Josh Netsky is back with another album, but this time it’s different. It’s not Josh Netsky anymore, it’s MAYBIRD. The latest configuration of Netsky’s backing band, after five years of playing together, has come together under one name ready to start writing… on the next album, sort of.
“We’re in a total transitional phase right now. We haven’t really written anything [together] yet, we’re going to start doing that. But so much of the sound on this album was contributed by the band that it made sense to release it as a band album. They all wrote their own parts…all contributed sonically.”
“They,” of course, or “band” is an understatement.
The new MAYBIRD, is composed of Sam “Overhand” Snyder on guitar (Thunderbody, Pro Jam, ect.), Kurt Johnson on pedal guitar (Moho Collective, Pro Jams, ect.), Mike Schuler on bass (Poetry For Thieves), and brother, Adam Netsky on drums ( Netsky band O.G, N.Moore, film and art extrodinare). Just by changing the name, MAYBIRD is kind of a super band now, but don’t write off Netsky, either.
A singer/song writer around the city for a almost a decade, making an album for him is like making a play list and go to the studio. Which, Down & Under sort of was.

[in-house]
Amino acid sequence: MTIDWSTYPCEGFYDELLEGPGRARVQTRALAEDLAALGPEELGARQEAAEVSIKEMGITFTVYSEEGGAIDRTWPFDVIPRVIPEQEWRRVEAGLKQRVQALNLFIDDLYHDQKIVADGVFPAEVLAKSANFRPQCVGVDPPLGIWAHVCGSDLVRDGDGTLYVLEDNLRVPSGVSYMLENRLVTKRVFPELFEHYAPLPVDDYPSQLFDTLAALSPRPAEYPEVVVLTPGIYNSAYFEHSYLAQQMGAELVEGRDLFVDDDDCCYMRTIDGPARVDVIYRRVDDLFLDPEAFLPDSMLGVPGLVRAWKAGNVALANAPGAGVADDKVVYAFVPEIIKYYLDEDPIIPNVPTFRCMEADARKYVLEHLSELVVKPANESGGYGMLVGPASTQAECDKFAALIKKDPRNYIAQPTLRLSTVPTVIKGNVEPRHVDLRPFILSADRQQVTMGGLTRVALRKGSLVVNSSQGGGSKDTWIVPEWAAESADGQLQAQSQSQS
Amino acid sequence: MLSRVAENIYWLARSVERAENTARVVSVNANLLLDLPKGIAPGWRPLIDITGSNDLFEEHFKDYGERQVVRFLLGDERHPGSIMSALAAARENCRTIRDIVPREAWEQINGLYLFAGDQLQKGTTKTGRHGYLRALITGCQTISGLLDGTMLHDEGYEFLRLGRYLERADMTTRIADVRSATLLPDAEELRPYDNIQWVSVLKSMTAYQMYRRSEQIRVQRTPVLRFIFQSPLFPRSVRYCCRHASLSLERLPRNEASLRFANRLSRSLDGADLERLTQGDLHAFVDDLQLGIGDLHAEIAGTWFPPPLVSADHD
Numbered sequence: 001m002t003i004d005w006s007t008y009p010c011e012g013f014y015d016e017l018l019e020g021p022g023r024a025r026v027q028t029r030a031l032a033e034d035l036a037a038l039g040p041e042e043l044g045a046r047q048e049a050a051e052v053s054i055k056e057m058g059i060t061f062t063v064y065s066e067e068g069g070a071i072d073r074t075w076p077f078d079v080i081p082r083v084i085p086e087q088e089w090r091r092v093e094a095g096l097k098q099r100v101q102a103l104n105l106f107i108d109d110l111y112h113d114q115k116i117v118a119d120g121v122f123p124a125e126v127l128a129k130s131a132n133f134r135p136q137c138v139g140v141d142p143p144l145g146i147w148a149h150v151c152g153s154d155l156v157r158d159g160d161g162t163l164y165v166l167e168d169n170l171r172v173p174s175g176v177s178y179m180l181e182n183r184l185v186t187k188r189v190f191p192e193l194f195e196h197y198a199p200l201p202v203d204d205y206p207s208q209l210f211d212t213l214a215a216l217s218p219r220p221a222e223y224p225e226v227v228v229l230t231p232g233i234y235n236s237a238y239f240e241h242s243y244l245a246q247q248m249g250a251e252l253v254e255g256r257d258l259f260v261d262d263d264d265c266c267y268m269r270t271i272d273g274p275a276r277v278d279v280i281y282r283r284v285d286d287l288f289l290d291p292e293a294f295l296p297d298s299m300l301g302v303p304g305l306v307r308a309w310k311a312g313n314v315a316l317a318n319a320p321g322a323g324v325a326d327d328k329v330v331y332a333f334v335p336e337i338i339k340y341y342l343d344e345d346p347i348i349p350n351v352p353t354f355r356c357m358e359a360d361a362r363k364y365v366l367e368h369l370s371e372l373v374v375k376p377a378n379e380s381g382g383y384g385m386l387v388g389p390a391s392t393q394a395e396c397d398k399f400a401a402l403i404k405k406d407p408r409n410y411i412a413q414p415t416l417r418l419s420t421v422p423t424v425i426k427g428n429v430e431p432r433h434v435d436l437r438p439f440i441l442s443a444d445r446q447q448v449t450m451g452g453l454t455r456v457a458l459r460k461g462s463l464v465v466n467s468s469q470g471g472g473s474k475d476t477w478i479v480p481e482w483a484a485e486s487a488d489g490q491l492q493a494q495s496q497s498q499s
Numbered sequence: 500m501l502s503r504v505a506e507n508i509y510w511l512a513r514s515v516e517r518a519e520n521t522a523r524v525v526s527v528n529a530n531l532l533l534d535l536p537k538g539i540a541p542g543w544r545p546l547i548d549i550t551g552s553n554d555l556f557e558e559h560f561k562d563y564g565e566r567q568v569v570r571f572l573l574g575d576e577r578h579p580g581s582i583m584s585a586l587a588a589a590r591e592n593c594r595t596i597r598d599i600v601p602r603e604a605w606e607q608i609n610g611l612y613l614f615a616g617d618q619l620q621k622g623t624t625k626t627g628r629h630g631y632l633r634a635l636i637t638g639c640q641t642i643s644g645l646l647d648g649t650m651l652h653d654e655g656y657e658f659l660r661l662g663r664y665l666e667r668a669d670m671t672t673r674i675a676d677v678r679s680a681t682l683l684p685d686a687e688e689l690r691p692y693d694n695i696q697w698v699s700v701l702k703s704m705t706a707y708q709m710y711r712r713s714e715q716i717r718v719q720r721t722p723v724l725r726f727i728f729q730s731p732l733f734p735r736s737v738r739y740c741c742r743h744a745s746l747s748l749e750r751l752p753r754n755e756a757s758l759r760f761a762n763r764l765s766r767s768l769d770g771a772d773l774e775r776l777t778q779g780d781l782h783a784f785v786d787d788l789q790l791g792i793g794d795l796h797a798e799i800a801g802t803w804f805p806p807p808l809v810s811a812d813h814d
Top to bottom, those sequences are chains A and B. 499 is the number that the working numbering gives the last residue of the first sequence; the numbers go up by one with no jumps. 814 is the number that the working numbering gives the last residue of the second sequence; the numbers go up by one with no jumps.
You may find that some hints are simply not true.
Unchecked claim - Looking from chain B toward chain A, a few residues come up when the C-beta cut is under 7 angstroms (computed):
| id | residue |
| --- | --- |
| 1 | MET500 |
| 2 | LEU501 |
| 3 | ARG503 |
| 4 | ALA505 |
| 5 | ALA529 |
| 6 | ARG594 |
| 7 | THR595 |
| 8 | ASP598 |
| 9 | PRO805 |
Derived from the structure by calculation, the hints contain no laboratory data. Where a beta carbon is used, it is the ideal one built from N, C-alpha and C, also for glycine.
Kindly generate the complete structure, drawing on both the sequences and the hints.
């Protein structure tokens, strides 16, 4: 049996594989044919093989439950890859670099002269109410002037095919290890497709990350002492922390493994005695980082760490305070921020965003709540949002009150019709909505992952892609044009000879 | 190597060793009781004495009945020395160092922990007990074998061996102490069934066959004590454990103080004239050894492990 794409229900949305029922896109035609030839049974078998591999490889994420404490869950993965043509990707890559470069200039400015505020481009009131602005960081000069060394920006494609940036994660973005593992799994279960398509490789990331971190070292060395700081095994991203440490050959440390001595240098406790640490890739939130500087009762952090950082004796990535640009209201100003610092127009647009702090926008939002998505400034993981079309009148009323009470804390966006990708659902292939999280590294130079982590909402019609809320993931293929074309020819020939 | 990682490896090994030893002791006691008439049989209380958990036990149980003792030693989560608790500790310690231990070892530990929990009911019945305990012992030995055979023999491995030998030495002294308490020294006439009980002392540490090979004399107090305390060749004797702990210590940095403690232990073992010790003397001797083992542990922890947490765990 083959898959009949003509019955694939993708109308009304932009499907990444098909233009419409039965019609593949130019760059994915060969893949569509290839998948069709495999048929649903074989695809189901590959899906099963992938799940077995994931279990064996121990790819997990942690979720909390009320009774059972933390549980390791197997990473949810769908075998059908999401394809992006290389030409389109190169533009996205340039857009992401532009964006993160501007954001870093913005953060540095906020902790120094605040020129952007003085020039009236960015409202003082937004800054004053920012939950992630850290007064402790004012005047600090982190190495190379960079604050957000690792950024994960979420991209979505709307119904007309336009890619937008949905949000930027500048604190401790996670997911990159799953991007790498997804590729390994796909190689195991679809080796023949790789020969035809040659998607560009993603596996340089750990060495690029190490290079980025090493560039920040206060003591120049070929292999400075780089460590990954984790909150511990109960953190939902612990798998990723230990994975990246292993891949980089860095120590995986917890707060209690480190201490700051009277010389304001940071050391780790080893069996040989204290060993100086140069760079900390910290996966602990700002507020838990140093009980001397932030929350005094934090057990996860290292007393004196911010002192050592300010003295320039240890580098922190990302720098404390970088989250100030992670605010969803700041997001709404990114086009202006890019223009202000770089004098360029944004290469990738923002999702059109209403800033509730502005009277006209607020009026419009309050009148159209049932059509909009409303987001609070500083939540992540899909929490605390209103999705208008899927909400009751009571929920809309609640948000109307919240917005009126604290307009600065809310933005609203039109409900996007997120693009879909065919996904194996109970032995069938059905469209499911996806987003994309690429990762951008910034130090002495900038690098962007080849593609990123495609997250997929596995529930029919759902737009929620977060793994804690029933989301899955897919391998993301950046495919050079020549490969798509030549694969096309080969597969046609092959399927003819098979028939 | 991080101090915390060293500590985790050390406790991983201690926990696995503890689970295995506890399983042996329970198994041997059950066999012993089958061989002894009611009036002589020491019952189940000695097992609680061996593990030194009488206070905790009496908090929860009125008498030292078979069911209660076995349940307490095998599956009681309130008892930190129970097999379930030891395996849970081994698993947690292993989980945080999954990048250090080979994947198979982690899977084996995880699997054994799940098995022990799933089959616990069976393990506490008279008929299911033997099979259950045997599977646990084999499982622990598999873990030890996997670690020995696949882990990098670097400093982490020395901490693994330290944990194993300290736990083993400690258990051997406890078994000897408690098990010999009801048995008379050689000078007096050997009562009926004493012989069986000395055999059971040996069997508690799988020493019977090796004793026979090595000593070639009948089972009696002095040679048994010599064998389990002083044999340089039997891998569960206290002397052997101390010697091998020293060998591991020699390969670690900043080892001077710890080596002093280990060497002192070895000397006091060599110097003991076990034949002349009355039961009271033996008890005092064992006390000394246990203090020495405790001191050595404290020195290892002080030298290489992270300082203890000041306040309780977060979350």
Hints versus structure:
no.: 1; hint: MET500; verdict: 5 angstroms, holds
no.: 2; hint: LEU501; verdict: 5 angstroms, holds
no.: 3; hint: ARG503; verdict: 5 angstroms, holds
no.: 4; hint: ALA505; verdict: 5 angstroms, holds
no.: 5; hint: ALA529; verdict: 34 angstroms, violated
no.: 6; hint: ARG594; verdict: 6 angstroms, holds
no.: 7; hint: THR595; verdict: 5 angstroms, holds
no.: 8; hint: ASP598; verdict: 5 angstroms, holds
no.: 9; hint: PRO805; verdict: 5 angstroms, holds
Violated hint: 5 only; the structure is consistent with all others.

“It was basically a collection of songs that I wanted in the album and placed them in an order that I think that works.”
Down & Under does what it says. It goes up, down, up, a little more up and down under even more. It’s its a another synth-folk wonder land and flowing psychedelic lyrical journey that Netsky has created over the years. Though he’s soft spoken, he stands out with his incredible ear for song development and story line, Exploring multiple styles while keeping his own.
“Musically, that’s whats going to change,” he started. “We’re going to be writing and arranging more together, we’re going to do more instrumental stuff. I think; I hope…I want to write some more guitar songs, some more exciting kinda stuff.” Netsky continued.” “More up beat, stuff that you can dance to or just stand and go [highly] ‘ whoa, that’s ultra flanger.’”
[Article from previous issue. Down & Under came out late summer, 2013]